The rewards are too many to count

Posted on 26 June 2017 by Jan Phyland

Toddler reads a book in the arms of caregiver.

Leanne Bartlett vividly remembers her first foster care placement 22 years ago. A single mother at the time with two toddlers of her own, Leanne’s home swiftly grew with the arrival of three children, aged 3, 18 months and a newborn.  It was a baptism that still brings a laugh from the 45-year-old mother of six.

Today, the seasoned foster carer would likely take such a scenario in her stride.

“It’s really important just to go with the flow,” she says. It’s a philosophy that has helped Leanne keep calm and cool in raising her children and “too many foster kids to count”.

It was a television advertisement that first sparked Leanne’s interest in becoming a foster carer. Having recently left a marriage, she remembers wanting to help mothers needing a temporary safe home for their children.

Before long she was providing respite, long and short-term care for vulnerable children. It’s a role Leanne has never tired of. Caring for four of her six children still living at home, Leanne also fosters a two and three-year-old and provides family day care for an additional two children.

“A busy house makes for a fun house,” she says, adding that a normal day starts just after 5.30am with her day focused on getting the children off to school, gathering toddlers to spend time outside for some play-based learning and feeding the family’s menagerie of ducks, chickens, rabbits, guinea pigs and cats before settling into the evening’s routine.

For Leanne, being a foster carer isn’t complicated: it’s about providing a warm and inviting home where children can feel safe and supported. It’s about getting down to a child’s level to speak to them. Most importantly, it’s having the support of her dedicated husband (Leanne remarried soon after becoming a carer) and empathetic children.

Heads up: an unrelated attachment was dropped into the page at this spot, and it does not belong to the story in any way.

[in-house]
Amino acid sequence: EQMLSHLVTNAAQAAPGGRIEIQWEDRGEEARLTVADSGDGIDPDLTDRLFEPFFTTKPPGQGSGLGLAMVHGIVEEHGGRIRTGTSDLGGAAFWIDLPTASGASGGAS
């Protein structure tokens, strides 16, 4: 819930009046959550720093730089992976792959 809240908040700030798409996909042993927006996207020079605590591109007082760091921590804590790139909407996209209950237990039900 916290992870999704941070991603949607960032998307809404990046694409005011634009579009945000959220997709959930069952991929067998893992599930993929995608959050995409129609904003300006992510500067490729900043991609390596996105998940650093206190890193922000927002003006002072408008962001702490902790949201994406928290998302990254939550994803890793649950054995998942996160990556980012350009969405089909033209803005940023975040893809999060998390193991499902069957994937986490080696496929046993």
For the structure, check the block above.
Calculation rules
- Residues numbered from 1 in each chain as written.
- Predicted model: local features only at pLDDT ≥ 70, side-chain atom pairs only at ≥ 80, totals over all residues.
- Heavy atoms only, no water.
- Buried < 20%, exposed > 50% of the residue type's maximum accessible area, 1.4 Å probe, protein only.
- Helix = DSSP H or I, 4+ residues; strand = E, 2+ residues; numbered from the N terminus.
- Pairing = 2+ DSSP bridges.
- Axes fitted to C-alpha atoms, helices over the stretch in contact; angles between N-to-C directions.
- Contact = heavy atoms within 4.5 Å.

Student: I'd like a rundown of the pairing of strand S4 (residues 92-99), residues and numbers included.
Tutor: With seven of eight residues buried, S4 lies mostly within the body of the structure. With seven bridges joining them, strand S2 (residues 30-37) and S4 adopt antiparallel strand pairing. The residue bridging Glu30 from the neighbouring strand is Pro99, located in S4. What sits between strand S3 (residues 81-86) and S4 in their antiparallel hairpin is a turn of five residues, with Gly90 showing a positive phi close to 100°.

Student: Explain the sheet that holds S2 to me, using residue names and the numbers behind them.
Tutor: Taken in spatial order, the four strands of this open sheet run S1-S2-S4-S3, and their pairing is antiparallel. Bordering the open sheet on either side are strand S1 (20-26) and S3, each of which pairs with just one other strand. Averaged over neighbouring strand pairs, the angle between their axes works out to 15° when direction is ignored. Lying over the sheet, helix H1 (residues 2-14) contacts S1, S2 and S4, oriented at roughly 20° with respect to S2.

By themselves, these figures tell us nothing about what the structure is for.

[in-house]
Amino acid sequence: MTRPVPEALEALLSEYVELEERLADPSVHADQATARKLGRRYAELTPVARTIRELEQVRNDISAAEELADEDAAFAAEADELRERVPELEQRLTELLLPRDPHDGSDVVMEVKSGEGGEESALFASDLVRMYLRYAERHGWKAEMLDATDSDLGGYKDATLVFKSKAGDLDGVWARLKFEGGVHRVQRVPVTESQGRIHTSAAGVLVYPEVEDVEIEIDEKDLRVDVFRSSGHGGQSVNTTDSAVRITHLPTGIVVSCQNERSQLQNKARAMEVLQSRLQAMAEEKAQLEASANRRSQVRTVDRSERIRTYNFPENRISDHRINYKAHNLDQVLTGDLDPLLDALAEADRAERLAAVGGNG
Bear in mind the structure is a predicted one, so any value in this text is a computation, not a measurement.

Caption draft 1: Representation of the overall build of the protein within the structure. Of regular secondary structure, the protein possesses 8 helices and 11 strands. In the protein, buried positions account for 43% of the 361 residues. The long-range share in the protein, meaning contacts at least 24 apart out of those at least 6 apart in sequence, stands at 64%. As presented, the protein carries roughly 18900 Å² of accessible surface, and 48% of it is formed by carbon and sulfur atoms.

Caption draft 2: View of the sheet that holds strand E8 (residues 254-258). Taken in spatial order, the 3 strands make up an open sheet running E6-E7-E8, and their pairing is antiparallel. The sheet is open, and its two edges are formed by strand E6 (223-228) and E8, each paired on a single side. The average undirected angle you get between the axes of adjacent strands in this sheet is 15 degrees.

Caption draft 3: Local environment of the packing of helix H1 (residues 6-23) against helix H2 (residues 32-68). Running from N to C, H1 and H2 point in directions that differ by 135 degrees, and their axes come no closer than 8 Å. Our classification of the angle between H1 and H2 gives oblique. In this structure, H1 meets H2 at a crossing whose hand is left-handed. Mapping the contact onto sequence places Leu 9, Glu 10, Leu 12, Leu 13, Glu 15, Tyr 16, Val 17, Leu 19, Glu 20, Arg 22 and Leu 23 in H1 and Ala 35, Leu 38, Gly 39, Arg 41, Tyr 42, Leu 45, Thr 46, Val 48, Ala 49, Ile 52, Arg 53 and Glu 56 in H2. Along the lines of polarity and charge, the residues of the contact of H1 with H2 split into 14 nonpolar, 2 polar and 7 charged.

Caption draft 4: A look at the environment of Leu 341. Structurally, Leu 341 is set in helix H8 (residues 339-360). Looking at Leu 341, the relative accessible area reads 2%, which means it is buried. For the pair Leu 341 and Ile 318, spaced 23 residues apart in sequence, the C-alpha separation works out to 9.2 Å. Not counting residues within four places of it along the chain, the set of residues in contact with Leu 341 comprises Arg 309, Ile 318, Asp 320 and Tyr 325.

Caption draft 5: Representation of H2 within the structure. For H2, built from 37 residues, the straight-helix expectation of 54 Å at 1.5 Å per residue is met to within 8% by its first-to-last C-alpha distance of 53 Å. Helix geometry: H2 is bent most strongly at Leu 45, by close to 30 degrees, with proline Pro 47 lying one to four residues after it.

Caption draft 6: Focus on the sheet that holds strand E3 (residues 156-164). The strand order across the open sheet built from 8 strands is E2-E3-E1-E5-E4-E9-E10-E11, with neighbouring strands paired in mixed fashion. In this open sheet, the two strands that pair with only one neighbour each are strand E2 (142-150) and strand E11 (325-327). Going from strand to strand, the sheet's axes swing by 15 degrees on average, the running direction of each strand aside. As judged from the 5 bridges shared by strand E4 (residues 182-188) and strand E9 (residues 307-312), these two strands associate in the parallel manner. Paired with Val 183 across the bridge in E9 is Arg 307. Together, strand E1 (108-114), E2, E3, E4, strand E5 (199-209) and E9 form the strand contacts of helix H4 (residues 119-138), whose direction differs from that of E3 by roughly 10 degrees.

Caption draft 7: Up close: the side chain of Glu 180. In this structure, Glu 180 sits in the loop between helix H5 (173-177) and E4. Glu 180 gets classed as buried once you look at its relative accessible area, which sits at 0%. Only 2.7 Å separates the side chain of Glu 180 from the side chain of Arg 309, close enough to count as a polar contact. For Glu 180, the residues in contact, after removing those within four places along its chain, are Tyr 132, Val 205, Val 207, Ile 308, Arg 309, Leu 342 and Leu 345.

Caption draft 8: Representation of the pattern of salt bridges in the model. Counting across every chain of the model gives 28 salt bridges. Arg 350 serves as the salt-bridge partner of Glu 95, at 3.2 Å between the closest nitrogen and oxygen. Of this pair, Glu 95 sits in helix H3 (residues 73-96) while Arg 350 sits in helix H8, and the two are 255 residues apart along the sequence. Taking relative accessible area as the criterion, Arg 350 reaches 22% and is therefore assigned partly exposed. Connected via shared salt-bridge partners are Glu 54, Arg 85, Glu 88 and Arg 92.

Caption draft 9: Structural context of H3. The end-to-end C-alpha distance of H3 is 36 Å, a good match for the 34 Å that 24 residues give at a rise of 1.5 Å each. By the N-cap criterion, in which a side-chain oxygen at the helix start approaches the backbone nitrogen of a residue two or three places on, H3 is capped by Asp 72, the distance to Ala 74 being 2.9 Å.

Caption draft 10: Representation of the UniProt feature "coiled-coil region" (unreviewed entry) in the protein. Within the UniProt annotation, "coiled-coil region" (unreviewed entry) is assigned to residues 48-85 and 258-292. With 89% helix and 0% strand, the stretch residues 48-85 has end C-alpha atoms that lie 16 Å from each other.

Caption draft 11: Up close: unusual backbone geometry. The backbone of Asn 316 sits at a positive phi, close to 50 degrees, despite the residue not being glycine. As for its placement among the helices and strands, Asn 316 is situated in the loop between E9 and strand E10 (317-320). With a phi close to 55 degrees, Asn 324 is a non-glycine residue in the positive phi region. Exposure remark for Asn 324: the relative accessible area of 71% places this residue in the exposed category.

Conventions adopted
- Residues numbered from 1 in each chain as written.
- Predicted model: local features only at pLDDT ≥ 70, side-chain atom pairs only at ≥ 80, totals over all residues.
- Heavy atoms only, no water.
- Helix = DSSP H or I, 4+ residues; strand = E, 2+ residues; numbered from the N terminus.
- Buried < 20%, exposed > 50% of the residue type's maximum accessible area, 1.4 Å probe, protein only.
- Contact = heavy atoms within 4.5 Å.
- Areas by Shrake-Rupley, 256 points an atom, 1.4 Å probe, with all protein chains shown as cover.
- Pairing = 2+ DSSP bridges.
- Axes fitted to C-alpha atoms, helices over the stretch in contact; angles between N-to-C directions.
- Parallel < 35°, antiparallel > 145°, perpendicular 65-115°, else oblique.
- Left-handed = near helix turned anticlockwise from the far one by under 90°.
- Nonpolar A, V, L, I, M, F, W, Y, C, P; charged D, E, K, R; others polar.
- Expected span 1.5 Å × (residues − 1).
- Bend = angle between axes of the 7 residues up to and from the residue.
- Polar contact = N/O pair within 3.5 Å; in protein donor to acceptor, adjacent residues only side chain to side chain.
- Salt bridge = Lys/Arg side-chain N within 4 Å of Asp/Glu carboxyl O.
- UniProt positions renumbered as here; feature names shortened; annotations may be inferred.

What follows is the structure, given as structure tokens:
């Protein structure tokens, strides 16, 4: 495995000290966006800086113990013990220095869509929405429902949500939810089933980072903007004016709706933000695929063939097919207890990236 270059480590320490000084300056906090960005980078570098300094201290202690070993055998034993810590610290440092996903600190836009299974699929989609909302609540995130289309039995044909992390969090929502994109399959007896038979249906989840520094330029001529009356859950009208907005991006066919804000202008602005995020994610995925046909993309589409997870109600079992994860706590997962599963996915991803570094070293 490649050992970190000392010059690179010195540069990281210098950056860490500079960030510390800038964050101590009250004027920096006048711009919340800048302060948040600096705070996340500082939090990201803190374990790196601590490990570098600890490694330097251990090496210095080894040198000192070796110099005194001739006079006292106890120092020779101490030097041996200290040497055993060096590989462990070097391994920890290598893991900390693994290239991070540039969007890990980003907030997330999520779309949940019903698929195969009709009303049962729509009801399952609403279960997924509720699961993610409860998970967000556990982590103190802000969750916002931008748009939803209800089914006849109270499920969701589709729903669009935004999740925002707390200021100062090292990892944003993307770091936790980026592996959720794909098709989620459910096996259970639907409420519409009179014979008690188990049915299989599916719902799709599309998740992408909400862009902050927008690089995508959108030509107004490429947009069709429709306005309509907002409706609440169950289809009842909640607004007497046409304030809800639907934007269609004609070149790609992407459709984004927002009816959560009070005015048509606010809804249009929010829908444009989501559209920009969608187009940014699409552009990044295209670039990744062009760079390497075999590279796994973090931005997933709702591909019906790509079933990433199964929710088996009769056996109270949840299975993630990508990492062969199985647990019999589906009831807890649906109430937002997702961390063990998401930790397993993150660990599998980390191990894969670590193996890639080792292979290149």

“Many parents tell me they will foster when they’re older, or their children wouldn’t share them, or they don’t have the time. I simply suggest they offer to do respite care just once a month to help another foster family spend one-on-one time with their children. That can make a real difference.”

The rewards, she says, are too many to count.

Not only does Leanne love to watch the friendly interaction between her children and those who come to live in their home, she also likes the message that fostering teaches: that of helping others and giving something of yourself to those in need.

 “I love watching children grow and change. I once cared for a boy who learnt to walk when he came here. I also had a toddler who used to cry whenever she wanted something but later learnt how to use my name to ask.

“In smalls ways, it’s nice to know I’m having an impact on their lives. It’s celebrating the little milestones they achieve that makes it so great.”

If you would like to transform a child or young person’s life, contact MacKillop about becoming a foster carer in your community. Call 1300 791 677 or visit www.mackillop.org.au/fostercare.